A vibrantly beautiful, and voracious visual predator, the peacock mantis shrimp (Odontdactylus scyllarus) strikes both fear and admiration into the hearts of those who may happen upon one. Appearing at first to be psychedelic lobsters equipped with boxing gloves, peacock mantis shrimp are only distantly related to more familiar crustaceans like lobsters, or crabs, and belong to a group called “Stomatopods.” In size, they tend to be 3-18 centimeters in length (Caldwell, 2005). Their geographic range extends from parts of the Indo-Pacific Ocean, south of Japan, north of Australia, and between eastern Africa and the island of Guam. Preferring warm and shallow waters, O. scyllarus can typically be found at depths of 10-30 meters, their ideal water temperature ranges 22-28°C. (Caldwell, 2005) These mantis shrimp are most commonly found at home in their U-shaped burrows, often built near the bases of coral reefs on sandy or gravelly areas. (Caldwell, 2005) Considered to be ecosystem engineers, O. scyllarus constantly create new burrows and abandon older ones, creating new habitats for other animals within coral reefs. (“Peacock mantis shrimp,” n.d.)

The "smashing" raptorial appendage of a Peacock mantis shrimp, labeled by its anatomical parts: merus, carpus, propus, and dactyl.
The “smashing” raptorial appendage

Peacock mantis shrimp are known to be highly territorial, with individuals using their powerful smashers to strike one another’s tails, for this reason, the telson (end of their tails) is the most heavily armored part of their bodies (Claverie et al, 2011). Keeping larger specimens of O. scyllarus in aquariums is often cautioned against, on account of their insatiable appetites for their tank-mates, and predilection for smashing through glass tanks. There are two classifications for raptorial appendages among mantis shrimp, “spearers,” and “smashers.” The spearing variety are known to be ambush predators, nabbing prey from just outside their burrows, whereas the smashers (like O. scyllarus) are considered foragers, tending to hunt farther away from their burrows (deVries, 2012). Dietarily, O. scyllarus is considered a generalist. Their diets consist of gastropods, bivalves, and other crustaceans.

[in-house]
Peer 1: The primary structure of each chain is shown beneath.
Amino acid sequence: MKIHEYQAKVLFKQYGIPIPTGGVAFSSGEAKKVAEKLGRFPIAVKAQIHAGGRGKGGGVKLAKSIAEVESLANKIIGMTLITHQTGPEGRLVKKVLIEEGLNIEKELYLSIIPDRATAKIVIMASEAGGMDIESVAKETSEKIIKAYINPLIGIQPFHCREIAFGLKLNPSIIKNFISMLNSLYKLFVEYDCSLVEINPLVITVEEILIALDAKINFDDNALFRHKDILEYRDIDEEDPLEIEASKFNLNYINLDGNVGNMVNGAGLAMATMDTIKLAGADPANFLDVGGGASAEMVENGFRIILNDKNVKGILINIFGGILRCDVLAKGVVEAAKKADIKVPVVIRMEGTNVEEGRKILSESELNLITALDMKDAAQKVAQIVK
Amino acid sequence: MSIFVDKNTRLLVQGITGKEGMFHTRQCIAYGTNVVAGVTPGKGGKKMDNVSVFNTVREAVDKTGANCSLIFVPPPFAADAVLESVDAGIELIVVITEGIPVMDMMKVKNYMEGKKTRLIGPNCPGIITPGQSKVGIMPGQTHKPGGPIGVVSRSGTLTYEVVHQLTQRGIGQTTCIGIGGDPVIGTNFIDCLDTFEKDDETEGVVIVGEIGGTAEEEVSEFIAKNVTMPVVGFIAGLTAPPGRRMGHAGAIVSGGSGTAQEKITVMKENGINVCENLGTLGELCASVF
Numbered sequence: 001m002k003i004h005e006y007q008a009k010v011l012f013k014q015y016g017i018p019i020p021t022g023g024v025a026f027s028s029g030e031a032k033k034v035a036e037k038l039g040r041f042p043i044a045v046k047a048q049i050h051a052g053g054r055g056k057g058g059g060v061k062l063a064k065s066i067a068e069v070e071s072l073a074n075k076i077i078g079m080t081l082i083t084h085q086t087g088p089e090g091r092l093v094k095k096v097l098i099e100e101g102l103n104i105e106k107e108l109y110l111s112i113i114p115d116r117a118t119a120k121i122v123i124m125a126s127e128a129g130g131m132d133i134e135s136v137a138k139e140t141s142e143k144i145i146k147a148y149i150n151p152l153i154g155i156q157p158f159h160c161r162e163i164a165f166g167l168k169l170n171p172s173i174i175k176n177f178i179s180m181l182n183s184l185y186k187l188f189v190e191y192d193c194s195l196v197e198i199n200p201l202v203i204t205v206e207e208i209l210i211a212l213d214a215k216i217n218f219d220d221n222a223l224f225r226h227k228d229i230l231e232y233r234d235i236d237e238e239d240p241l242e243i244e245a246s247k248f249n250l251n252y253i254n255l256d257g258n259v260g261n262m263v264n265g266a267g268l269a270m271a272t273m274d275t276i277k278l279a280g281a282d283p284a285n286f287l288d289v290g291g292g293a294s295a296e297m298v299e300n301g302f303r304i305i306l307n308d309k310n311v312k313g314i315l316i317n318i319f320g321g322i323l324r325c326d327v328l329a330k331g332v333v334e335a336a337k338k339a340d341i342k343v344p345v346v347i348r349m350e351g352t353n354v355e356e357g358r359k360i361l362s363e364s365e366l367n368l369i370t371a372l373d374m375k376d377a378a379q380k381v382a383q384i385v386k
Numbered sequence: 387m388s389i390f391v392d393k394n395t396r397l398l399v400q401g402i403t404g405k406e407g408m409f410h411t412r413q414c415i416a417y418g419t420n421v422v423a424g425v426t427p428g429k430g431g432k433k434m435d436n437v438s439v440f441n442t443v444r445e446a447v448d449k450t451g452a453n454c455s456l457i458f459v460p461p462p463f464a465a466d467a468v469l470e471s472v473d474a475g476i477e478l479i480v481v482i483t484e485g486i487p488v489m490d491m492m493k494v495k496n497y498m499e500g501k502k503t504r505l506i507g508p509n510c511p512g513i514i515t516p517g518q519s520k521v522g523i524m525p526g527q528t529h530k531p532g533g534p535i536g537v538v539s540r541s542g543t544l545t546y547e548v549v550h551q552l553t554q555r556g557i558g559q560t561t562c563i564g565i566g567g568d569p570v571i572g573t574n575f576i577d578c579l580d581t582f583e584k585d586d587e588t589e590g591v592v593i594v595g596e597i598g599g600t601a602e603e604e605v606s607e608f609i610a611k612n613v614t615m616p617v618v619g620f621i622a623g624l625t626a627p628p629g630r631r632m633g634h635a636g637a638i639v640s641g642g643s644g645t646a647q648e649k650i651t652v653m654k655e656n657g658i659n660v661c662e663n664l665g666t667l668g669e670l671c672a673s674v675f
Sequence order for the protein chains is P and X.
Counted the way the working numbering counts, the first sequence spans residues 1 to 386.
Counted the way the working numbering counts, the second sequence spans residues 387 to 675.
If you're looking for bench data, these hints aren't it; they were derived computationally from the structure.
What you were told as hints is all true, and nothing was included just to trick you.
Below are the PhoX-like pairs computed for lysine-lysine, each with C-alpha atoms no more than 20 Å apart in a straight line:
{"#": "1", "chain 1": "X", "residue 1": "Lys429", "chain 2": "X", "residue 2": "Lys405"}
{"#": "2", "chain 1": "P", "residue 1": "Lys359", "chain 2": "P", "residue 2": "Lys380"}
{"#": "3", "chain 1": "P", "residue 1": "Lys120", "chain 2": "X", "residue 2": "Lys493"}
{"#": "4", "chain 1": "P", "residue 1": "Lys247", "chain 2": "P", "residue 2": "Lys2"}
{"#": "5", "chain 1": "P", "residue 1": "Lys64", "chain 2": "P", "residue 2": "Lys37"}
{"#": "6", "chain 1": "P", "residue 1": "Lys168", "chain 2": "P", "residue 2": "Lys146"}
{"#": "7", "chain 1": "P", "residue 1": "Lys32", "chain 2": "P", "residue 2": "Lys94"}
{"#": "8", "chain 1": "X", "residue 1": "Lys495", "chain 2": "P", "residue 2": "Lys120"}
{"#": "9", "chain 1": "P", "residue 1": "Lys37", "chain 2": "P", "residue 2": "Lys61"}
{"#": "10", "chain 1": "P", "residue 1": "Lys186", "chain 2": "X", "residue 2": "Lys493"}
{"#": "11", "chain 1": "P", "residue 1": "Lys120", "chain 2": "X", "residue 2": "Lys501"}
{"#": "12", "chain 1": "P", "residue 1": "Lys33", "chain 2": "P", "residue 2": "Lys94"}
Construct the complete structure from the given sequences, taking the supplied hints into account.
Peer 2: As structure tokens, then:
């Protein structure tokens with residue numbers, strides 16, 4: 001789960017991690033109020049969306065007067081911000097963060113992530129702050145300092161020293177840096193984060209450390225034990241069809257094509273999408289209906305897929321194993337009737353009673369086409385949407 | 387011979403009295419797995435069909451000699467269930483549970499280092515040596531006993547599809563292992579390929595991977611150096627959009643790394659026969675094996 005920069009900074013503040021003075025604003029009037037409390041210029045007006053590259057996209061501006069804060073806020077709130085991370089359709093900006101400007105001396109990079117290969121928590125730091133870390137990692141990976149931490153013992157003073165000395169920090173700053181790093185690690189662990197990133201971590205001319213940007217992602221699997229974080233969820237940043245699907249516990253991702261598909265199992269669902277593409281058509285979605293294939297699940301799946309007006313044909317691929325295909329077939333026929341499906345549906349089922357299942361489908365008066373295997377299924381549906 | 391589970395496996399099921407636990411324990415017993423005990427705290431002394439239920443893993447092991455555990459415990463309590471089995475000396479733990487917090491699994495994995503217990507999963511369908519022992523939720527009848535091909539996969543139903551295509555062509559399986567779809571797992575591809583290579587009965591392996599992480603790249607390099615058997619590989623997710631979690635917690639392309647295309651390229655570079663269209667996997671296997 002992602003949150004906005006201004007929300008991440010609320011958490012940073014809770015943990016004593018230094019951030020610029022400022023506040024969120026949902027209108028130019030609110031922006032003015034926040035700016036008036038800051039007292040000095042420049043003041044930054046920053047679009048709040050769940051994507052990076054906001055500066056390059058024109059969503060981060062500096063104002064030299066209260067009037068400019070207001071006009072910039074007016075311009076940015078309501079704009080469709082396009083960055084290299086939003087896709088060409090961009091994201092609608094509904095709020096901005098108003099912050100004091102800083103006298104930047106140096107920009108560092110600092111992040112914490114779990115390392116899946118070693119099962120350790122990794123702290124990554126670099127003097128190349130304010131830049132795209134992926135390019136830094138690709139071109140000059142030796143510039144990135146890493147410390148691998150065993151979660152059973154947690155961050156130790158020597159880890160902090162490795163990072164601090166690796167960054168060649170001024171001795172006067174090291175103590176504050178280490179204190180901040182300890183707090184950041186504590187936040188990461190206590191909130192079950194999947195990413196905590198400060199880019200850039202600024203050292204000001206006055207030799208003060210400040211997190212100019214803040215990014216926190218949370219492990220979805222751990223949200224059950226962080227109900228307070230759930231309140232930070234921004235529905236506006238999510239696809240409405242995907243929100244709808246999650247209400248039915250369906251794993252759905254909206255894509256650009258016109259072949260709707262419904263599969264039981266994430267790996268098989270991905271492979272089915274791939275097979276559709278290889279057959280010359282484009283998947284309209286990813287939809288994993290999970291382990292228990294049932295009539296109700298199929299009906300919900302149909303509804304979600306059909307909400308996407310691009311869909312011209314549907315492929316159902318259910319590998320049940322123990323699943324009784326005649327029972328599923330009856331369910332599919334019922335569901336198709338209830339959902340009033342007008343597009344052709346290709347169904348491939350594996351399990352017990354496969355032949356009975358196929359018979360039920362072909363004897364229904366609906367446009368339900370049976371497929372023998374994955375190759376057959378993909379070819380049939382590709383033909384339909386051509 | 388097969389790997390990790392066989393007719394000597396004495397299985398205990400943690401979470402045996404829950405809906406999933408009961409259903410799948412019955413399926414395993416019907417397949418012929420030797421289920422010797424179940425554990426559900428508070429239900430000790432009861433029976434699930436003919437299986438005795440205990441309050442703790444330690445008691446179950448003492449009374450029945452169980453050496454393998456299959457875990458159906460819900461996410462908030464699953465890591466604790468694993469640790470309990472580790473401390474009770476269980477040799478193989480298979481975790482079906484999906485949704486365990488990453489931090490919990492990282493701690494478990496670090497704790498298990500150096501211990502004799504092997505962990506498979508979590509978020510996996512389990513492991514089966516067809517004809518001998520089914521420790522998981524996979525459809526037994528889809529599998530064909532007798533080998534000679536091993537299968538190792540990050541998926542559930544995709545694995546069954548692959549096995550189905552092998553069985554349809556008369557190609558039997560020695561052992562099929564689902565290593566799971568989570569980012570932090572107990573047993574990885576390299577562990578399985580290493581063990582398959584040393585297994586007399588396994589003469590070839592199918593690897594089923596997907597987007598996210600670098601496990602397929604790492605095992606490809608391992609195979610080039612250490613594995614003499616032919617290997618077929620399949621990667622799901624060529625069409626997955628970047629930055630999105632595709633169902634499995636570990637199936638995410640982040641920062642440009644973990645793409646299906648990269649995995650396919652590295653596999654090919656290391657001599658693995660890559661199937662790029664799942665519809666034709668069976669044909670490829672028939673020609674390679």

The impressive strikes of O. scyllarus are powered by elastic forces, meaning that the farther they pull their raptorial appendages back, the stronger the strike; speeds of up to 20 meters per second have been recorded for a strike (Patek, 2007). Smashers are not only adept at swiftly terminating their prey, the speed at which they strike causes a phenomenon called “cavitation,” where an air bubble forms due to rapid pressure changes on the site impacted. Each of their strikes actually generates two blows, one from the impact of the limb itself, and one from the explosion of a cavitation bubble created from the initial impact. (Patek, 2007) When cavitation bubbles collapse, considerable energy is released in the form of heat, light, and sound. This is a way that mantis shrimp are able to amplify the power of their strikes without using more energy. In Patek’s study on O. scyllarus, she notes “on average, cavitation peak forces are 50% of the limb’s impact force, although cavitation forces may exceed the limb impact forces by up to 280%” (Patek, 2005) which is an amazing feat of biological engineering.